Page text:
The American Cyclopædia (1879)/Madison (Indiana)

Edition of 1879. See also Madison, Indiana on Wikipedia, and the disclaimer.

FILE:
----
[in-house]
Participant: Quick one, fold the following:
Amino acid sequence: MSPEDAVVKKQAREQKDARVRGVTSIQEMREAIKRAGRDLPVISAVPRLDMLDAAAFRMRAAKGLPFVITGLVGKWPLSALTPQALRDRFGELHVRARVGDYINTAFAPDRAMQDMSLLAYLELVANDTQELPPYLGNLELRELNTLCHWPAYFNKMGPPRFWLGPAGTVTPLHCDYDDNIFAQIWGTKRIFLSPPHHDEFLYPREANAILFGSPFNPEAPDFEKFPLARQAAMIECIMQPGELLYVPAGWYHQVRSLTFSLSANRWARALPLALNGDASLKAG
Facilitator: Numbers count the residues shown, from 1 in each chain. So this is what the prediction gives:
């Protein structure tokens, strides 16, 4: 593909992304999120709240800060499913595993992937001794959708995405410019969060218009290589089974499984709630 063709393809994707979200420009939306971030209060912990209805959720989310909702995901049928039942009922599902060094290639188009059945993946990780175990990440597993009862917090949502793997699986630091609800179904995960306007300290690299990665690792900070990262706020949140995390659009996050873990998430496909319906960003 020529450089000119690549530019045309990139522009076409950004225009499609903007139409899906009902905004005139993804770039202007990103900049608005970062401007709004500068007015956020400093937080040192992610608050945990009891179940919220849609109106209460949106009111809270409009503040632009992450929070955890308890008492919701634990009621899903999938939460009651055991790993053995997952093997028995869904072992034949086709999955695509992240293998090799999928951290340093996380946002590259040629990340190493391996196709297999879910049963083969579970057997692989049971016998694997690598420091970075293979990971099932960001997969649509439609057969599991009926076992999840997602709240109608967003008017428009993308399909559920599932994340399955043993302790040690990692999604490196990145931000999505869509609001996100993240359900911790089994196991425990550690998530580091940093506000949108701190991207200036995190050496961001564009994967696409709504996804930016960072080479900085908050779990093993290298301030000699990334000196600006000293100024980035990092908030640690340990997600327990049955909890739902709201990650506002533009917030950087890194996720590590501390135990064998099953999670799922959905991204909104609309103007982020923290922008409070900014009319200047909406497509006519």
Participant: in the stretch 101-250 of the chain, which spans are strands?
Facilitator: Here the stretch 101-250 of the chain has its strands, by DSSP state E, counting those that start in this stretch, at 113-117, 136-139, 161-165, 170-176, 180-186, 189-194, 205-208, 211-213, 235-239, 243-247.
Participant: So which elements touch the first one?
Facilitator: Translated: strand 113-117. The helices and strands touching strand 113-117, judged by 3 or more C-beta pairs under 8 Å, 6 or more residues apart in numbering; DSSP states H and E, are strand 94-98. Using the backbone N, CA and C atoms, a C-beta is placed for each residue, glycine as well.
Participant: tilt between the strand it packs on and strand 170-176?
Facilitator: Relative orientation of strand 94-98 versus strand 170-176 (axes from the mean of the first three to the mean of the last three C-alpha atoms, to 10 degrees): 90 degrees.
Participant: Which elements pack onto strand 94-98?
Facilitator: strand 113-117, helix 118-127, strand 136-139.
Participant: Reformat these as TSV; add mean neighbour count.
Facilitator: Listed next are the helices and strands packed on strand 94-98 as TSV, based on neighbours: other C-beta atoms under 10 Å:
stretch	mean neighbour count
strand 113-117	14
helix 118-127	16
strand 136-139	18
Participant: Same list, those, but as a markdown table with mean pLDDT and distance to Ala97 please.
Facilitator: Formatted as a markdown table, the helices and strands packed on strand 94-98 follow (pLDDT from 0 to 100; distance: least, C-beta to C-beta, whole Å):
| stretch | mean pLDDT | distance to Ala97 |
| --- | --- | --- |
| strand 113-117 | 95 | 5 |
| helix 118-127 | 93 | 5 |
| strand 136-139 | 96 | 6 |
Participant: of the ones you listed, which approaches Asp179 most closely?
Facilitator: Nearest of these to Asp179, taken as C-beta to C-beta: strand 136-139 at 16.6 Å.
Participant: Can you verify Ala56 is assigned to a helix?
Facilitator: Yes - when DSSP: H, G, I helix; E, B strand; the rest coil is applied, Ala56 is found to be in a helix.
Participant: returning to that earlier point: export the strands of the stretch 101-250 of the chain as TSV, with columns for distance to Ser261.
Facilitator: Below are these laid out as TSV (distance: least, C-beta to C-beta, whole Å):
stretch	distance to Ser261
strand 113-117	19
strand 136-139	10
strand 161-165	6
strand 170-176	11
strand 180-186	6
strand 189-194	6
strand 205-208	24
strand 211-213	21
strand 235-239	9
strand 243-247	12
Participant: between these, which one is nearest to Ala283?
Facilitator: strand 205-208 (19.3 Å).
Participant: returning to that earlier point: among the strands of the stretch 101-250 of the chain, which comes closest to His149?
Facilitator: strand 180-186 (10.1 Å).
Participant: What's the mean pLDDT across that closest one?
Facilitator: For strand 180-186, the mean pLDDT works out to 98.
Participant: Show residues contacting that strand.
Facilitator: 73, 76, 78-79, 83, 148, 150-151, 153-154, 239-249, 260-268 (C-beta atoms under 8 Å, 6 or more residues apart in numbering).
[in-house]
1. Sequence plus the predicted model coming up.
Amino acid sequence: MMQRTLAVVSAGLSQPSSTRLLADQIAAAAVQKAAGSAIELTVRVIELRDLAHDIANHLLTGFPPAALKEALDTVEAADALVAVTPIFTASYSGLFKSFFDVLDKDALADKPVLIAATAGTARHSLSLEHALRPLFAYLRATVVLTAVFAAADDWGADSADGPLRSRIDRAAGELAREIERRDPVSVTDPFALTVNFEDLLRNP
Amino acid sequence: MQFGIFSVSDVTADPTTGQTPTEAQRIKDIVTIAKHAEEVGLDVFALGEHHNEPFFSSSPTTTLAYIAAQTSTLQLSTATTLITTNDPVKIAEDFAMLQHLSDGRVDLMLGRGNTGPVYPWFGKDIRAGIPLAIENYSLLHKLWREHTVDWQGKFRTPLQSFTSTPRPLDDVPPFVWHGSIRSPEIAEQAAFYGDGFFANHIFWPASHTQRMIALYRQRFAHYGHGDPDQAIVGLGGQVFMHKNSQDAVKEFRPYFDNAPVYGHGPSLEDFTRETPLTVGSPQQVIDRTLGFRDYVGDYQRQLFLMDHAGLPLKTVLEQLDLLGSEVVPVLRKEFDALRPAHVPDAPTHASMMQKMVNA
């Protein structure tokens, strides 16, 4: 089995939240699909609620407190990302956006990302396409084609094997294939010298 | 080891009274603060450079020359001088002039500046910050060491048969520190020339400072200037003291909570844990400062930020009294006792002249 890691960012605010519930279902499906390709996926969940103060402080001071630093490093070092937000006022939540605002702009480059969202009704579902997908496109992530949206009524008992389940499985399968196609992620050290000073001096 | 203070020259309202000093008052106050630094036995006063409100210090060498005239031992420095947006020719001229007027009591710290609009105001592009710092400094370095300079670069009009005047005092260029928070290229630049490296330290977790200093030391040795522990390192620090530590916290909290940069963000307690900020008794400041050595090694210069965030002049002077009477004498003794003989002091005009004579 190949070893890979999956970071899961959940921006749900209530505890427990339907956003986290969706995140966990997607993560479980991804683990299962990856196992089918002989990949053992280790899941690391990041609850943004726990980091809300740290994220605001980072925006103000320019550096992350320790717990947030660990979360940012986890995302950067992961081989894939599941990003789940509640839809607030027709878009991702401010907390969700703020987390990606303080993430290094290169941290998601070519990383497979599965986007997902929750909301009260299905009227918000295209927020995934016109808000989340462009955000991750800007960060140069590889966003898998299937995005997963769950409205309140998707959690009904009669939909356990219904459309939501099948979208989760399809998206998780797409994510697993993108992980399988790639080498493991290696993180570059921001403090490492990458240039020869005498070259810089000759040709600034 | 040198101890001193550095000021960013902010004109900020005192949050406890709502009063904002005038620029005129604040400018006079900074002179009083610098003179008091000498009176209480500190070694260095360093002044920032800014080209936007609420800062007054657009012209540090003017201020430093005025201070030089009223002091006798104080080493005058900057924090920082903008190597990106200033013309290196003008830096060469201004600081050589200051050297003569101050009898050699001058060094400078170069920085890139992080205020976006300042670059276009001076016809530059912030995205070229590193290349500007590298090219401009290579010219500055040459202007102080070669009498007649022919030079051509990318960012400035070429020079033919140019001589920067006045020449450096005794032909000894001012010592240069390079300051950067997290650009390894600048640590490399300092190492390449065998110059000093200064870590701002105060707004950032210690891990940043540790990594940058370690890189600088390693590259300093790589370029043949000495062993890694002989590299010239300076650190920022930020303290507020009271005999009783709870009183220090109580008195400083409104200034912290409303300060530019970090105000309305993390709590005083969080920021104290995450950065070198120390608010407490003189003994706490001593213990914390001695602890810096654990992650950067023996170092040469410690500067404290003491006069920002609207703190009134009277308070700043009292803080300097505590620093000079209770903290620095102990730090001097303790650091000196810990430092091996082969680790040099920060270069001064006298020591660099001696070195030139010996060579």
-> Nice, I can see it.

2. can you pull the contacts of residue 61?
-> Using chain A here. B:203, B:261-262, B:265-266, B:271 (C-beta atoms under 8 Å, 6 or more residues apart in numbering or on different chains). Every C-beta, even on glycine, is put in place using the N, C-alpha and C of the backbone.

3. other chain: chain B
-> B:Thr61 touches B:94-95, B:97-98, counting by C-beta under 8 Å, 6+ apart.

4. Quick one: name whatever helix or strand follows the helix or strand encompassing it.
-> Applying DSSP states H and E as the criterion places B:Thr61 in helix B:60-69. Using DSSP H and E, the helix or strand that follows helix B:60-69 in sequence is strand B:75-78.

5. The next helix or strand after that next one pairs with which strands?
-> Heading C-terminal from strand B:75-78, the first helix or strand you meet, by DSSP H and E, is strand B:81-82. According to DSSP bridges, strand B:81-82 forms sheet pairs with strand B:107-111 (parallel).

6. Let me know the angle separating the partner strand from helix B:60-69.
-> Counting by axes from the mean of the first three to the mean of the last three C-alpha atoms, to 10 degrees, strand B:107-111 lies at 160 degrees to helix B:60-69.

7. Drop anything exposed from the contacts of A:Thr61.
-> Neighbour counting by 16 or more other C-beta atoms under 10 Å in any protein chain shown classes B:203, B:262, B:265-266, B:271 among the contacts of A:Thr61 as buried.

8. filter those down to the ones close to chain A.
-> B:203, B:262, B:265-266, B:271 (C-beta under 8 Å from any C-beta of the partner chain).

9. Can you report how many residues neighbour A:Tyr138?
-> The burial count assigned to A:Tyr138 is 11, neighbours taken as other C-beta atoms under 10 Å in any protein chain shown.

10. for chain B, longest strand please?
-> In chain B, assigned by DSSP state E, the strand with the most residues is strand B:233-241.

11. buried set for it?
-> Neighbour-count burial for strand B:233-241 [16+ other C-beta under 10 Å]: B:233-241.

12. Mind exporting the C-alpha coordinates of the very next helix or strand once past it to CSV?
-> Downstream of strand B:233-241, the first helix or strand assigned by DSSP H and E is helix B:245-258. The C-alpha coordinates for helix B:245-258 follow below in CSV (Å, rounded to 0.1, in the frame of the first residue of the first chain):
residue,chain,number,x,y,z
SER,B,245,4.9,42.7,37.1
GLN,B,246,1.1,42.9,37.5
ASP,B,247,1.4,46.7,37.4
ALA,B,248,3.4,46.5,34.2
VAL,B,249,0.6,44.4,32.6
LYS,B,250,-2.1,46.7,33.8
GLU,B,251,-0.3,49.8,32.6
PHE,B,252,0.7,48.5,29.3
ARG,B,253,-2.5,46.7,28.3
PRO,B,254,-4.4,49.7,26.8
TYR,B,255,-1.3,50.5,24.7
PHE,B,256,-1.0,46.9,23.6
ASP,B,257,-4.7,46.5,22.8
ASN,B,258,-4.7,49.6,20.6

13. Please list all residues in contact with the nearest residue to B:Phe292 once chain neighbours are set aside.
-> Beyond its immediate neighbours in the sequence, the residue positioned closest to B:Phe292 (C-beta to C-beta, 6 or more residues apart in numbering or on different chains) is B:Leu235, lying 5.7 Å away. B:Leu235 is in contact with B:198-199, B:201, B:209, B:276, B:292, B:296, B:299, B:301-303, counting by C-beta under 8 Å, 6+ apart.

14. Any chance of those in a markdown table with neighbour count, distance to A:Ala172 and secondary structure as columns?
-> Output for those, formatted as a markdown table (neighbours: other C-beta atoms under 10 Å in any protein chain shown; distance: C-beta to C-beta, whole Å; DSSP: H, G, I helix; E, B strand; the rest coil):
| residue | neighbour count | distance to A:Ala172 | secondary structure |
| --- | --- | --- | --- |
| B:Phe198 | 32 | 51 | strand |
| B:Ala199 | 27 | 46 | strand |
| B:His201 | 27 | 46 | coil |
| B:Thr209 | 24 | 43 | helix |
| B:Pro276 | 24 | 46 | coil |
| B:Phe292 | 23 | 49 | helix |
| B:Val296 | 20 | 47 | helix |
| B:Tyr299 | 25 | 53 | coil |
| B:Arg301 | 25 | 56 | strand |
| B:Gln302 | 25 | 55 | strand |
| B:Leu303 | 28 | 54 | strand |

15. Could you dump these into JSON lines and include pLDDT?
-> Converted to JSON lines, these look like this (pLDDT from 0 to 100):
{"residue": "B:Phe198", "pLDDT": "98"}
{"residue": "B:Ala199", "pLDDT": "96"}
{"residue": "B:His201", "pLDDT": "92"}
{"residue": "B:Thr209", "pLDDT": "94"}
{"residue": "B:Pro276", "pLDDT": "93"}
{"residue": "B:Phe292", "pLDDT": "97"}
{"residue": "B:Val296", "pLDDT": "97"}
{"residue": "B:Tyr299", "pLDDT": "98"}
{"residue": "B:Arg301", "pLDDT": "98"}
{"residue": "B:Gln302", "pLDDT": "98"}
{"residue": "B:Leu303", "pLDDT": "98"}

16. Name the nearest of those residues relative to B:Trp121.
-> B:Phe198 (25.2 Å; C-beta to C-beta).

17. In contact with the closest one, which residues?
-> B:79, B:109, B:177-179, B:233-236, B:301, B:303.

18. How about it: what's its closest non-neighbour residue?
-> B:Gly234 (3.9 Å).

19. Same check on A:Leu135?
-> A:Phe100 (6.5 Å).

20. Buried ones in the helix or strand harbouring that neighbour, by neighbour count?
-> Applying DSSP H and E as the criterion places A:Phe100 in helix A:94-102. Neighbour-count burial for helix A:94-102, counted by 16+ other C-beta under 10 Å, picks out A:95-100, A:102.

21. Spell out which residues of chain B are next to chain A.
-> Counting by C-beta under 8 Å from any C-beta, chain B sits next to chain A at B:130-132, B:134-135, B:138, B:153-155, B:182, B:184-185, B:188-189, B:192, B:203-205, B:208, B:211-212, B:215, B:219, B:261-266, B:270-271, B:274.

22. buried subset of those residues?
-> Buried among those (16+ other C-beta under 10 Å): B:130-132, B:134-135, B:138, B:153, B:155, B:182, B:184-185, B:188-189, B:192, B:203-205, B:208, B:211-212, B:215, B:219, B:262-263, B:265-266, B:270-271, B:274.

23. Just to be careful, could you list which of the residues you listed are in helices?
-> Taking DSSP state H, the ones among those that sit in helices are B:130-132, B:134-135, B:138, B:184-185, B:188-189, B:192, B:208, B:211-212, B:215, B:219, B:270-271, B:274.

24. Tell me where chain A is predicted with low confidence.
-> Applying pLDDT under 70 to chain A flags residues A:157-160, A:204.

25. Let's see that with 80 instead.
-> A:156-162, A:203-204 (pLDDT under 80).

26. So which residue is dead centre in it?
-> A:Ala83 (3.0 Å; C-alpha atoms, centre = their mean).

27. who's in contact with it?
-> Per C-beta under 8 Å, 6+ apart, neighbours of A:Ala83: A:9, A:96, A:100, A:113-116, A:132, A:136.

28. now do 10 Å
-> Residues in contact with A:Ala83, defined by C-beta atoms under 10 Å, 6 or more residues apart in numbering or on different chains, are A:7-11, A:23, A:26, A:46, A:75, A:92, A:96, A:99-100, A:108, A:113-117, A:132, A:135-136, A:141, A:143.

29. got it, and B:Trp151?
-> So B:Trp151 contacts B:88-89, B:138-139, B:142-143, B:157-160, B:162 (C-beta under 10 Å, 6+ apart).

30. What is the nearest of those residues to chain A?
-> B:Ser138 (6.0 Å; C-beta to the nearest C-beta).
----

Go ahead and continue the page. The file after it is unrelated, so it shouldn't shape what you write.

MADISON, a city and the county seat of Jefferson co., Indiana, on the Ohio river, 90 m. below Cincinnati and 44 m. above Louisville, and at the terminus of the Madison division of the Jeffersonville, Madison, and Indianapolis railroad, 85 m. S. S. E. of Indianapolis; pop. in 1850, 8,012; in 1860, 8,130; in 1870, 10,709, of whom 2,194 were foreigners. It is beautifully situated, at an elevation secure from floods, in a valley about 3 m. long, enclosed on the north by a range of hills 400 ft. high. The streets are regularly laid out, and a large proportion of the houses are built of brick. It is lighted with gas and supplied with water by an aqueduct. Steamers ply daily to Cincinnati and Louisville. Madison contains several pork-packing establishments, and has an important trade in provisions. There are also brass and iron founderies, flouring mills, planing mills, tanneries, breweries, machine shops, &c. The banking capital amounts to $650,000, distributed between two national banks and one state bank. There are graded public schools, including a high school, a library of 4,000 volumes, a daily, a semi-weekly, and two weekly newspapers, and 15 churches. Madison was first settled in 1808.